Now that I am several years past giving birth, I have really mixed feelings about my birth experiences. I always said that a good breastfeeding relationship was far more important to me that the circumstances of my births. It’s still true. But.
I did my best to have non-interventionist births…to a point.
The first time around, I did not want pain medication. I had a doula–a professional, but she happened to have known me for a long time. My OB was on board with the doula and my plans. (They actually were in cahoots and agreed to speed up my first labor–which felt like the world’s longest–with an entire bottle of castor oil. No, I did not have a choice. Yes, I got to choose what to mix it in. Cream soda, if I recall correctly.)
I actually wrote a birth plan, with what I thought I wanted. The problem was, I had never done this before. It’s like asking people what they want in a car before they know how to drive or before they have spent time behind the wheel. They will answer based on size, color, cupholders, sound system, safety features. They won’t ask about a blind spot, a turning radius, or how the brakes feel when you step on them. Because they don’t know.
So I wrote in my birth plan about dim lighting and not wearing a hospital gown and not being strapped to my bed so I could labor upright. I was half right. These things helped me. To a point.
What I did not do was consider giving birth at home. I had a lot of trust in the American medical establishment. I trusted my obstetrician; he reminded me of my dad (minus 15 years), who is also a physician. I am also a pessimist and would have been running nightmare scenarios in my head. My faith in my own body was not at a high point either; 30 months to conceive (including three failed medicated IUIs) will mess you up like that.
My labors were both very long. I “induced” myself by going to for the world’s best prenatal massage, then spent time at home, walking the streets, climbing the apartment building stairs.
I think what did me in, psychologically, was my inability to sleep while I am in labor, even if the contractions are 15-20 minutes apart. So after 2-3 days of that I was a complete disaster. I sat on my birth ball and watched ESPN all night. (I am not even kidding. Always give birth during baseball season.) But I got to eat and drink and shower like a mentsch.
Of course, I got to the hospital and everything was clinical. The lighting, the clocks, the IVs. Not helpful. Not helpful, either, to be checked and told how far you are NOT in the labor process. Hello, mental setback!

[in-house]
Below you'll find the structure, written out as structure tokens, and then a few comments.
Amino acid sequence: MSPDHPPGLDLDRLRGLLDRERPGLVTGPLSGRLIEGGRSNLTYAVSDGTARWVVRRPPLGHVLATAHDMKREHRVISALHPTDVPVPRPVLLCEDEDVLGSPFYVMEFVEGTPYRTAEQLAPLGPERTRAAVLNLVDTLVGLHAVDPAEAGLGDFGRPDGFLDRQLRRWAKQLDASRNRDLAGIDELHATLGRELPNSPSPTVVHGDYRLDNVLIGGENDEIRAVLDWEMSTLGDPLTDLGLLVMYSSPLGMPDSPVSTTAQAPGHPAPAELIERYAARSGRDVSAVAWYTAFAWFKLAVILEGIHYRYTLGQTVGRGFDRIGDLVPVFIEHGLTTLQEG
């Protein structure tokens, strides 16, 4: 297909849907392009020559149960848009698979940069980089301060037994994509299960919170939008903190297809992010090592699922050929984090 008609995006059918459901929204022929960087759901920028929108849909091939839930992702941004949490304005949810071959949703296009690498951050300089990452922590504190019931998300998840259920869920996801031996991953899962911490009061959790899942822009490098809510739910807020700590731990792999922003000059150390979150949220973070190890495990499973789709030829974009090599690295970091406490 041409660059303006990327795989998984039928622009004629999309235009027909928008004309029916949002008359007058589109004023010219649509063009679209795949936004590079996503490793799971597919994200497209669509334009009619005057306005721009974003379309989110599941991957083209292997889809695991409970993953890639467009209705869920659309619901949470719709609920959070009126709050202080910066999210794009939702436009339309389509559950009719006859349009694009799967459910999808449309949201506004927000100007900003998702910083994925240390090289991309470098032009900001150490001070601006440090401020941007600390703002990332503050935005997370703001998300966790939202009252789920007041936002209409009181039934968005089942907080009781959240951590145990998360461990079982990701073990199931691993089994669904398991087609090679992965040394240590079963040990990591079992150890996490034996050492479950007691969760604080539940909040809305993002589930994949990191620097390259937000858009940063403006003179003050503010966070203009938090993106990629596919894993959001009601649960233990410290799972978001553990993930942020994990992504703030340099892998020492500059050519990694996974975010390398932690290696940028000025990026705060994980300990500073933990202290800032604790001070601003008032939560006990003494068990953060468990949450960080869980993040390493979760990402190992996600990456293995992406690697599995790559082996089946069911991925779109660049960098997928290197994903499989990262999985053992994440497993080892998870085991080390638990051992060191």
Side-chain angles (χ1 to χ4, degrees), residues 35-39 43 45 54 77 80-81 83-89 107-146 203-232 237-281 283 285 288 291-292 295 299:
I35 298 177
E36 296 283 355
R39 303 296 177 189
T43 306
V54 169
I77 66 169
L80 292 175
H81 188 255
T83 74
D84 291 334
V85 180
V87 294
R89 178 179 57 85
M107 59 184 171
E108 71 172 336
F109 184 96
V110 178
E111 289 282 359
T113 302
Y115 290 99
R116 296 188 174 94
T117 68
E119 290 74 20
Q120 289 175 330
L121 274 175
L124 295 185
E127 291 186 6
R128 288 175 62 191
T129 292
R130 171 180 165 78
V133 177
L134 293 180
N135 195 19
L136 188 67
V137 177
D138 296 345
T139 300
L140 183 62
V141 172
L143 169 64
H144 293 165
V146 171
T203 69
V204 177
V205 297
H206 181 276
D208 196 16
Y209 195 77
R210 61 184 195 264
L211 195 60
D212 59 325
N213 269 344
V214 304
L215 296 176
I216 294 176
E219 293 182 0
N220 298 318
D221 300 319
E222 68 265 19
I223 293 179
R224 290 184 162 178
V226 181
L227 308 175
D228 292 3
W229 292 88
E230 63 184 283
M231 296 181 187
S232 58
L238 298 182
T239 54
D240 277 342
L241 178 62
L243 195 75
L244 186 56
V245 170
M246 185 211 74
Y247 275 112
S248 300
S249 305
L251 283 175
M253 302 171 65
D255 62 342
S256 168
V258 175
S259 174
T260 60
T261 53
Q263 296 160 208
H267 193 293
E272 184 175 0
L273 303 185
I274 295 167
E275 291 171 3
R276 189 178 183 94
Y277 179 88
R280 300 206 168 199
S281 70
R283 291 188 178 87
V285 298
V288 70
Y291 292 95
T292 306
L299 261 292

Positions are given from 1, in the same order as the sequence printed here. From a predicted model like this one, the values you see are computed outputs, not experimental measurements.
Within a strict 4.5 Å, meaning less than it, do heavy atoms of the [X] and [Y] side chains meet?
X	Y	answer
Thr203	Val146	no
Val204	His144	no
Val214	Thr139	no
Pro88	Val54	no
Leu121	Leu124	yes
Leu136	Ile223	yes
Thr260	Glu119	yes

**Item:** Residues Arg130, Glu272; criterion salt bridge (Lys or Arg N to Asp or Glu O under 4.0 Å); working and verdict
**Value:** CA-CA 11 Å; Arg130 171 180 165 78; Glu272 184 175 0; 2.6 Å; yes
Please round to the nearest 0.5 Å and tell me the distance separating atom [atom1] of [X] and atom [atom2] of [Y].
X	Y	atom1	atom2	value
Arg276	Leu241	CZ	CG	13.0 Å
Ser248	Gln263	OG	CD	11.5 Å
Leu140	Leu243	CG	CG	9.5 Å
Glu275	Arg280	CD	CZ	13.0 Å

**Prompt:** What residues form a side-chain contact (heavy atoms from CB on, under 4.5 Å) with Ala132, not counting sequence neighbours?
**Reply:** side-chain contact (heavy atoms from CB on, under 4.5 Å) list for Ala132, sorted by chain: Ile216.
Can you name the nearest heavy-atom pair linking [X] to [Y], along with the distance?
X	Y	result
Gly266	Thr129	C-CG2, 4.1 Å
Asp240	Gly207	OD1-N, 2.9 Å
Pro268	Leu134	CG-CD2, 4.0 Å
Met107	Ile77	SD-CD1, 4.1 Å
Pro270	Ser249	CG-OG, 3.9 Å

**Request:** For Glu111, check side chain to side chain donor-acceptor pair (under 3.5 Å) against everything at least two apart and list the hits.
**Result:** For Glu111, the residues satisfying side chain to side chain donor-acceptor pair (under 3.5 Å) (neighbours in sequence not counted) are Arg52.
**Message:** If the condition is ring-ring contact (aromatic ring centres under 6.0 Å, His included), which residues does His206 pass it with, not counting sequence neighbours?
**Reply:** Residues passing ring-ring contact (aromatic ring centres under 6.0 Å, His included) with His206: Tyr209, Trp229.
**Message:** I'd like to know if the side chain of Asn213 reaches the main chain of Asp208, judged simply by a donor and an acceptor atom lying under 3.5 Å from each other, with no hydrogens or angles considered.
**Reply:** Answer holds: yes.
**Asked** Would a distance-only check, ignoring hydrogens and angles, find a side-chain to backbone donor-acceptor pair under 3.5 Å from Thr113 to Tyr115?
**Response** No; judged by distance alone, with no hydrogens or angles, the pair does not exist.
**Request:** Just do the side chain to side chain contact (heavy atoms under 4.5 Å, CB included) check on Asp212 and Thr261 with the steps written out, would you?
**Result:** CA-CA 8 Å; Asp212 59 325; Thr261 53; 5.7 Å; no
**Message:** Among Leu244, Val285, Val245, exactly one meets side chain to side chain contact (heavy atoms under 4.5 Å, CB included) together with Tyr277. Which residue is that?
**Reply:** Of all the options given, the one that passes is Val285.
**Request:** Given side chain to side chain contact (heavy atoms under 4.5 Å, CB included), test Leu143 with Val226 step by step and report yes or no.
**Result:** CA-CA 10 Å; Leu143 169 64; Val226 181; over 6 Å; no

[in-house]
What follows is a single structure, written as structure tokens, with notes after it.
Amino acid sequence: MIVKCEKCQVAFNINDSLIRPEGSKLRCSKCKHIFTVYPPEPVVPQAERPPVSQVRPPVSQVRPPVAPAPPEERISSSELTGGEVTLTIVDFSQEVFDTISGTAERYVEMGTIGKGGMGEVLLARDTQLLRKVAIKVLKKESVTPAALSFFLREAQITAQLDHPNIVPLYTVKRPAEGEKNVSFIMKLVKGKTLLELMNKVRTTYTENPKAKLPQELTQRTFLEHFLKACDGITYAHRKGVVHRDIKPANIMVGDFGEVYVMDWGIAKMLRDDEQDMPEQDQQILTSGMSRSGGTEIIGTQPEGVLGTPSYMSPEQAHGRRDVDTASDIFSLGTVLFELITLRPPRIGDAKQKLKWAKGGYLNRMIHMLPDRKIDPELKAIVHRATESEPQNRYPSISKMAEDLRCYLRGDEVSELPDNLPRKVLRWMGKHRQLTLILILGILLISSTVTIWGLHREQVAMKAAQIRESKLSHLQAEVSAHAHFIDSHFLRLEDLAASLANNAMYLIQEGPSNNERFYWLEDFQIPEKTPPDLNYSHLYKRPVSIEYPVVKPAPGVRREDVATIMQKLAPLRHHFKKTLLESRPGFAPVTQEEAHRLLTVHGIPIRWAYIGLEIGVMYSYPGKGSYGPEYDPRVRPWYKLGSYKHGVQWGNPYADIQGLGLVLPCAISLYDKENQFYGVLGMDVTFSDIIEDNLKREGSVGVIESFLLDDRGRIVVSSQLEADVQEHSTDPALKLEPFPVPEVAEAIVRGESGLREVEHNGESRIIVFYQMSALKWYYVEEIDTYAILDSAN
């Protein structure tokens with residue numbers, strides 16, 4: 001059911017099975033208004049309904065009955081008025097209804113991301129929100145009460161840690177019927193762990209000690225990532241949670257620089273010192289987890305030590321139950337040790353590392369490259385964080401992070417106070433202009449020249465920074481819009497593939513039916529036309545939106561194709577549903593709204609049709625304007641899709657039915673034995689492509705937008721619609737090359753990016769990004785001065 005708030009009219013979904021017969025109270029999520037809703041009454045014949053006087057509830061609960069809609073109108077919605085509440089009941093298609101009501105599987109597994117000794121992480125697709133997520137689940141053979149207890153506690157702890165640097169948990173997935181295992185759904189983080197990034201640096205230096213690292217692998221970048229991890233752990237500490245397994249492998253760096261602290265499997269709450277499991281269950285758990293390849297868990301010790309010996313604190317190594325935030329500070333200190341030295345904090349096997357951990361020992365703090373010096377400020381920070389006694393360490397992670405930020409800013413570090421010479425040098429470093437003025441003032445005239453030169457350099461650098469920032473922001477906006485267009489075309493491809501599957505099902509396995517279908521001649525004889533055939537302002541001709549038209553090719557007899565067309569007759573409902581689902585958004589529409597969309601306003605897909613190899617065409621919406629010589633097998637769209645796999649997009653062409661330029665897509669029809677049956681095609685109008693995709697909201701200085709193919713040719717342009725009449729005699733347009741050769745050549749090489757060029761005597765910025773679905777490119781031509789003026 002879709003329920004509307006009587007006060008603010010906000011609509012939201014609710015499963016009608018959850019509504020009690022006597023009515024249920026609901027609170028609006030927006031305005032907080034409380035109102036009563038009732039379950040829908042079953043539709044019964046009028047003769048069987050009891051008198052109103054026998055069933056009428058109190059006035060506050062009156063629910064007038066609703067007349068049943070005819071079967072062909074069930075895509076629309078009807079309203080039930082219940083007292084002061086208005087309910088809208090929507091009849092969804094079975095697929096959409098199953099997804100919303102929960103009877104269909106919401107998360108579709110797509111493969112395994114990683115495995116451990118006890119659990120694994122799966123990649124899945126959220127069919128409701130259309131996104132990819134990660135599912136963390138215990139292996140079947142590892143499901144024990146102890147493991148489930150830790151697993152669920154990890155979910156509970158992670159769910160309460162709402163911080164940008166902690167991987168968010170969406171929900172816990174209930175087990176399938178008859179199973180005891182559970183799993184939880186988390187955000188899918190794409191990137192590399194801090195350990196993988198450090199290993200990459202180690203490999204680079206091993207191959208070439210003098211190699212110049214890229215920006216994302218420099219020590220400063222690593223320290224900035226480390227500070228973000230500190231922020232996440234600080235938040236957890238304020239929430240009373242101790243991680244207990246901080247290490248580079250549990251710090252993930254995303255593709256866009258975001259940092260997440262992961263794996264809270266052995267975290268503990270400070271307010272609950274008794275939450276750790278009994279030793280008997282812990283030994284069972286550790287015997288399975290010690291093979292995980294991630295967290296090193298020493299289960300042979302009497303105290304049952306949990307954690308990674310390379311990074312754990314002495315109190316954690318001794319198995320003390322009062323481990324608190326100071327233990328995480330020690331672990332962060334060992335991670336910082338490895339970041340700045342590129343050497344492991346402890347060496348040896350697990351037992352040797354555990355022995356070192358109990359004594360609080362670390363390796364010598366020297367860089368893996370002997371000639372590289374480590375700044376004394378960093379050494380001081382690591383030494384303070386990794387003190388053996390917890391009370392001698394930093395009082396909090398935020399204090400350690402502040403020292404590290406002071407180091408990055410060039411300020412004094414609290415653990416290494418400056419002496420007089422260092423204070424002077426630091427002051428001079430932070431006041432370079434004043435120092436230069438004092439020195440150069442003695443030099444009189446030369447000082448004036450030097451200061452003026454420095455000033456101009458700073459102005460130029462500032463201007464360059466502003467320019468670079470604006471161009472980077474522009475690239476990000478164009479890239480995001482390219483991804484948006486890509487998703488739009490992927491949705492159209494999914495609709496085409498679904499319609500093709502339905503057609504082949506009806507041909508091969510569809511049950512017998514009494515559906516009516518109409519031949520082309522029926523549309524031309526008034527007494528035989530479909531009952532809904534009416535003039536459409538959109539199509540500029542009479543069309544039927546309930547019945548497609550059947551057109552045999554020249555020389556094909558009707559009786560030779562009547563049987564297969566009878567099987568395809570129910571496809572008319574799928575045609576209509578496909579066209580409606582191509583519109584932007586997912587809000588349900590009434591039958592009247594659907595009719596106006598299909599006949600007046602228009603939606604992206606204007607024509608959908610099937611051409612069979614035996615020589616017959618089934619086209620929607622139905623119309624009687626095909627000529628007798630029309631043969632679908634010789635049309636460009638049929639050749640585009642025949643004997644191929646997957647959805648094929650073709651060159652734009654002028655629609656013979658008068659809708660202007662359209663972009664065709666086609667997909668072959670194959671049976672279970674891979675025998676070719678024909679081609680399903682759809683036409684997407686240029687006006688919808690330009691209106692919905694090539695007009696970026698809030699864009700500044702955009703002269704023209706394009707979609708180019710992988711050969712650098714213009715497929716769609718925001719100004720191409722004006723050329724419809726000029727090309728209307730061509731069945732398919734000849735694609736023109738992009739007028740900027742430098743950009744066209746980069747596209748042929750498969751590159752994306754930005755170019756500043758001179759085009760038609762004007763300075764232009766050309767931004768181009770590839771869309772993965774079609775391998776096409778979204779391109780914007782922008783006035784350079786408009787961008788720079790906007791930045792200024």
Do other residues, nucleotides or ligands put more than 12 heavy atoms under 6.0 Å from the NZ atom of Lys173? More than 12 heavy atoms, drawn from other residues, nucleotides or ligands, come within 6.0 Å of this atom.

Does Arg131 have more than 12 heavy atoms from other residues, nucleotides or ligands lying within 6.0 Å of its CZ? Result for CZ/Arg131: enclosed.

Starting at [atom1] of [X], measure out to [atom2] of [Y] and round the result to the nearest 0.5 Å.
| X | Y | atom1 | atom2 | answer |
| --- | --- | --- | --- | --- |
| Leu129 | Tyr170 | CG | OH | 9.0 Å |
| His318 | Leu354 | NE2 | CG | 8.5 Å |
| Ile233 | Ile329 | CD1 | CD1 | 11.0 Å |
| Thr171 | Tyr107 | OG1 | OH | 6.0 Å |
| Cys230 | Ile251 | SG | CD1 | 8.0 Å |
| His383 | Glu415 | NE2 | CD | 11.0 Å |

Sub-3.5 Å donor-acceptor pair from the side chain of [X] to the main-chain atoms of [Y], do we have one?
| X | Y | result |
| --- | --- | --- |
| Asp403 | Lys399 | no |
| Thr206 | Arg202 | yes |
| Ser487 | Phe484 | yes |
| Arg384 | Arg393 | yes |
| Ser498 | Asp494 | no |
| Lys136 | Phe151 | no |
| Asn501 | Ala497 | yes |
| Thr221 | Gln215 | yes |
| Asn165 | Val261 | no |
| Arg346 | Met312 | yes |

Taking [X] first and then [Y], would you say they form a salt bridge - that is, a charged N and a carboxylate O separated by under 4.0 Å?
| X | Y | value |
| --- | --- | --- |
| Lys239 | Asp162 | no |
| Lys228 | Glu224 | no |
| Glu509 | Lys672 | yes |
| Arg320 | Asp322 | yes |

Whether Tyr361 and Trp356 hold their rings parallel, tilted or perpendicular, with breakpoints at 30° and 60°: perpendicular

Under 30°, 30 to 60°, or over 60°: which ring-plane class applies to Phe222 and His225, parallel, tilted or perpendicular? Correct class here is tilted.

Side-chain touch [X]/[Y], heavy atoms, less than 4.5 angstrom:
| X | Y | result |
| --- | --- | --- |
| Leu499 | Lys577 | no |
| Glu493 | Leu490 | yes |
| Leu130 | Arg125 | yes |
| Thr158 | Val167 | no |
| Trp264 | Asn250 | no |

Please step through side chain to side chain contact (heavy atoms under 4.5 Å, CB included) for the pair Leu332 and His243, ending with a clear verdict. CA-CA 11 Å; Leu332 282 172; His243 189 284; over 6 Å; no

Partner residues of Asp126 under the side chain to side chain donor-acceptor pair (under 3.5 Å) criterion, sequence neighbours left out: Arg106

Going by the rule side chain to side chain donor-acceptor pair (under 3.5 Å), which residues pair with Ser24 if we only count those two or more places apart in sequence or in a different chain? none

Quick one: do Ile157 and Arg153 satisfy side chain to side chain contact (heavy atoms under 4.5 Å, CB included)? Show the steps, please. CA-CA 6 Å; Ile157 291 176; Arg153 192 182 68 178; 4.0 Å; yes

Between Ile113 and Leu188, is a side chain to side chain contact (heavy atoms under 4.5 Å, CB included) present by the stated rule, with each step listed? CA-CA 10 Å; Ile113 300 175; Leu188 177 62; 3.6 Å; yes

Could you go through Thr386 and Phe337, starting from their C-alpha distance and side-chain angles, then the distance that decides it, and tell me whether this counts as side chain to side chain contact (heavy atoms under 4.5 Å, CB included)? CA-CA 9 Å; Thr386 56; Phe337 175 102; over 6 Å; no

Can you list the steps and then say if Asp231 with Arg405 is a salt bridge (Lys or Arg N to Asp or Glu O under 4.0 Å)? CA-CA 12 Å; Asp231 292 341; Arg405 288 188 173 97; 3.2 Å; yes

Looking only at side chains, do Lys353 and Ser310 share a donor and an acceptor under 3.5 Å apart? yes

Ultimately, I was allowed to labor on my timetable. I gave it my best effort, and when I was told that it wasn’t working, I got to pull the plug, as it were, on the idea of a vaginal birth. Twice. I think that my C-sections were necessary. I don’t like to contemplate what would have happened had I been giving birth in 1804 instead of 2004. (Although I probably would not have been sucking down 80g of protein a day, so potentially baby with a very large head would have deigned to get into my damn pelvis.)
But now the hospital where I delivered does not allow for VBACs. At all. The C-section rate there and everywhere else in America is frighteningly high. Pregnant women spend a lot of their time living in fear: fear of miscarriage (1st trimester) is followed by fear of a problem with the baby (up until level II ultrasound/amnio/whatever), followed up by fear of pain, fear of surgery, fear of disaster.
This is not good. This is not a safe space to birth in!
This whole rumination was prompted by the movie Orgasmic Birth. (Really good documentary channel on cable here.) Many of the couples in that movie gave birth at home, although one or two were in the hospital. The words that kept coming up from the medical professionals (midwives, OBs, others) and the couples were “security, privacy, intimacy.” Can you imagine a space less secure, less private, and less intimate than an average hospital room?
What really struck me, however, was how every single woman who gave birth at home assumed basically the same position in order to labor at the end and push–half squatting, half standing, leaning forward. In a tub, in a shower, on the floor.
This is not encouraged for someone in a raised hospital bed. Obviously.
But at the same time, women’s instincts are THERE, I think, to let the hormones take over and drive the labor. When I was 70 hours into my second labor, strapped to a bed and deadened with an epidural (pitocin augmentation–at my behest), I DESPERATELY wanted to stand up. I could not feel my legs but every part of my brain, which was incapable of forming a complete sentence, was screaming at me to BE VERTICAL.
It was then, I realized years later, that I wished I could start over, from the beginning, and conceive and gestate and labor from a place that wasn’t fearful, but faithful. That the daisy-chain of women who know how to help women give birth–now equipped with portable oxygen tanks and hemorrhage kits and plans for hospital transfer–would have helped me overcome my misgivings. My doula tried; she had far more faith in me than I had in myself.
I am not sure that my stories would have been any different, in the end. But I am just frustrated that I figured out it so late.
It’s all there, I just didn’t put the puzzle together in time.